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The Telegraph leads on Chris Whitty’s depressing announcement at yesterday the Downing Street press conference that social distancing measures will have to remain in place until a vaccine or “highly effective drugs” are available to avoid a second wave of infections, which could mean well into next year. This bombshell came just moments after Dominic Raab had said there was now a “glimmer of hope”. He didn’t spell out what he was referring to – and he used the same phrase almost two weeks ago, so the glimmer hasn’t got any brighter. But in his speech he referred to “the peak of this virus” three times and implied we’re in the midst of that right now. The Government’s position is that no social distancing restrictions can be lifted until we’re past the peak and there is no risk of a second wave that will necessitate reimposing those restrictions.

I have good news for Mr Raab in that case. There’s growing evidence that the daily death toll peaked on April 8th, as can be seen on the NHS England graph below:

That’s the view of Professor Carl Heneghan, director of the Centre for Evidence-Based Medicine at the University of Oxford. Two days ago he said: “From an epidemiological perspective we can say that the numbers are consistent with the peak happening on April 8th.” As Prof Heneghan has pointed out, if the peak was indeed on April 8th and deaths have begun to decline since, that suggests the more modest social distancing measures the Government introduced on March 16th flattened the infection peak, without the lockdown being necessary. After all, there’s a three-week lag time between infection and death and April 8th is three weeks after March 18th, two days after the mitigation measures were introduced but five days before the lockdown.

More evidence that extreme social distancing measures aren’t necessary to flatten the peak is the analysis done by numerous researchers – including three I flagged up in yesterday’s update – showing that the rate of infections and deaths rise and fall according to the same pattern in every country the virus has struck, regardless of varying population densities, testing rates, case levels, mortality rates, etc. and in spite of the severity of the lockdowns they’ve imposed and when they imposed them in the lifecycle of the outbreak. This is nicely illustrated in the graph below, created by a sceptic on Twitter, which maps the rise and fall of daily deaths in England and Sweden, having adjusted for the fact that Sweden’s are about 10 times lower than England’s. As you can see, the pattern is almost identical, even though Sweden hasn’t imposed a lockdown:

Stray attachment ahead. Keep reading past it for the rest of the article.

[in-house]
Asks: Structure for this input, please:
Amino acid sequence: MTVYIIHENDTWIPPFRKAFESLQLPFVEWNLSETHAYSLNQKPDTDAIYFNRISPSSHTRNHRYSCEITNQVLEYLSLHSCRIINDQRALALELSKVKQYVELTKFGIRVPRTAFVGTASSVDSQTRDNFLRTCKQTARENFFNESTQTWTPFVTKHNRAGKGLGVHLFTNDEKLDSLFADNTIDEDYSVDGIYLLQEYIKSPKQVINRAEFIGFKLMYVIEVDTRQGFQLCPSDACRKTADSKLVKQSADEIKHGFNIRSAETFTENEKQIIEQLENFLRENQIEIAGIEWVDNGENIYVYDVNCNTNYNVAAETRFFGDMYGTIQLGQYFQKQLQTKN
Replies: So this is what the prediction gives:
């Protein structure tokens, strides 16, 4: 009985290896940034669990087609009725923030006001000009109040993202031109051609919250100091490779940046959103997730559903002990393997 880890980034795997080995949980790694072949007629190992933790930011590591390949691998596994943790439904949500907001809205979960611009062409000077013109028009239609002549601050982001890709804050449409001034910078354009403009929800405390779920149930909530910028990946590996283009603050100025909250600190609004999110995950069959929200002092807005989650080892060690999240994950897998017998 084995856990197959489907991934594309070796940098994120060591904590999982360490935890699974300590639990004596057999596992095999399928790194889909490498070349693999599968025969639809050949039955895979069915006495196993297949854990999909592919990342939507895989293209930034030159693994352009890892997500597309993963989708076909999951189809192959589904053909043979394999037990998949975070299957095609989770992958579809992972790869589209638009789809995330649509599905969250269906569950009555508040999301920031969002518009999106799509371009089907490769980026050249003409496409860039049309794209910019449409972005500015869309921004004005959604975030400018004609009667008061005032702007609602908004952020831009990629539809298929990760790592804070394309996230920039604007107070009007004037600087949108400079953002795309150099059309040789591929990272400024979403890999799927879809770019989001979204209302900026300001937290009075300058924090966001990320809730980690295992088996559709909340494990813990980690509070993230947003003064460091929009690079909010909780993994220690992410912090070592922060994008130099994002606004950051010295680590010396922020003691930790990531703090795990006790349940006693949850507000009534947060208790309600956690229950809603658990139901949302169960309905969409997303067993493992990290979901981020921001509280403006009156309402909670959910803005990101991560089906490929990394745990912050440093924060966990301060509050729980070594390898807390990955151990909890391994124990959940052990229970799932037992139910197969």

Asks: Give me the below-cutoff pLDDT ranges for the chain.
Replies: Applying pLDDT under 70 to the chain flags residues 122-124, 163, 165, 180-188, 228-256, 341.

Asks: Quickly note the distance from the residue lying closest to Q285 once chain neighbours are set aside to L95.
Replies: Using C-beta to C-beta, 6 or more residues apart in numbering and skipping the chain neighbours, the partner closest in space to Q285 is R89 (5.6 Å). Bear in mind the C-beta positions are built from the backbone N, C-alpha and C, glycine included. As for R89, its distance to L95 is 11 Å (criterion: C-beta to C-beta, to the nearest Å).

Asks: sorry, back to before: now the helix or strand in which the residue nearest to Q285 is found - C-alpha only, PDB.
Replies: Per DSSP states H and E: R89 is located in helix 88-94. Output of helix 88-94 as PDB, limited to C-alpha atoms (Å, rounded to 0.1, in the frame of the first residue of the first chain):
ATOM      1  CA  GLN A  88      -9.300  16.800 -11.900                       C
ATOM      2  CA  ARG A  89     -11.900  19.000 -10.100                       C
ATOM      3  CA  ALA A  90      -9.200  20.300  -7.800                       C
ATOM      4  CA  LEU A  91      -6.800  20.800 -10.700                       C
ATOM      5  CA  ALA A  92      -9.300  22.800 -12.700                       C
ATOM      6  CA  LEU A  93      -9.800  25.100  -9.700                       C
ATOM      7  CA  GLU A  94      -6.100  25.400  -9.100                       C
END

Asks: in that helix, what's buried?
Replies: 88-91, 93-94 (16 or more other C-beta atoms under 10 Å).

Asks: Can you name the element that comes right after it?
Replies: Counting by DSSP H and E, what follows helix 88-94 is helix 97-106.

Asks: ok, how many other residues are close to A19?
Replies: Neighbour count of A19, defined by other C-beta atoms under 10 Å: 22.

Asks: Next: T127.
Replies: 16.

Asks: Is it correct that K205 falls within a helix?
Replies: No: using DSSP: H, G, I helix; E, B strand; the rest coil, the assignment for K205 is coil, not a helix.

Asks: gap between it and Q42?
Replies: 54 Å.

So what are you waiting for, Mr Raab? The doves in the Cabinet will argue that these analyses are all very well but we still don’t know enough about the virus yet to be sufficiently confident that if we start to relax social distancing measures we won’t be overwhelmed by a second peak. But even though that may be true (depending on how you define “sufficiently confident”) it’s not a good argument for delaying announcing a phased exit, as the leaders of Spain, Italy, France, Germany, Denmark, the United States, etc. have already done. No Government can eliminate the risks posed by the virus completely, but keeping lockdowns in place is hardly the risk-free option, given how much economic damage they’re doing. It’s a question of balancing the risks against each other, and in order to do that in a properly informed way our Government needs to listen to sceptical epidemiologists and virologists, not just the most alarmist, as well as economists and business experts. (And educationalists. Only five per cent of Britain’s most vulnerable children are taking up the offer to attend school, according to the BBC, and only 8% of children in the most disadvantaged schools are turning up for online lessons.)

The editor of the Washington Examiner, Hugo Gordon, makes this point eloquently in an op ed published yesterday. Talking about the reluctance of some state governors to end lockdowns, he writes:

It is time to resume commercial activity, at first gradually, and then as quickly as reasonably possible. If we allow ourselves to be frightened into an innumerate expectation of complete safety before life is allowed to return nearer to normal, we will bring on an economic, social, and national catastrophe involving the destruction of America’s wealth, happiness, and place in the world. We must take sensible precautions so the public knows the balance of risk has switched toward activity away from inertia. But a balance still means risk on each side.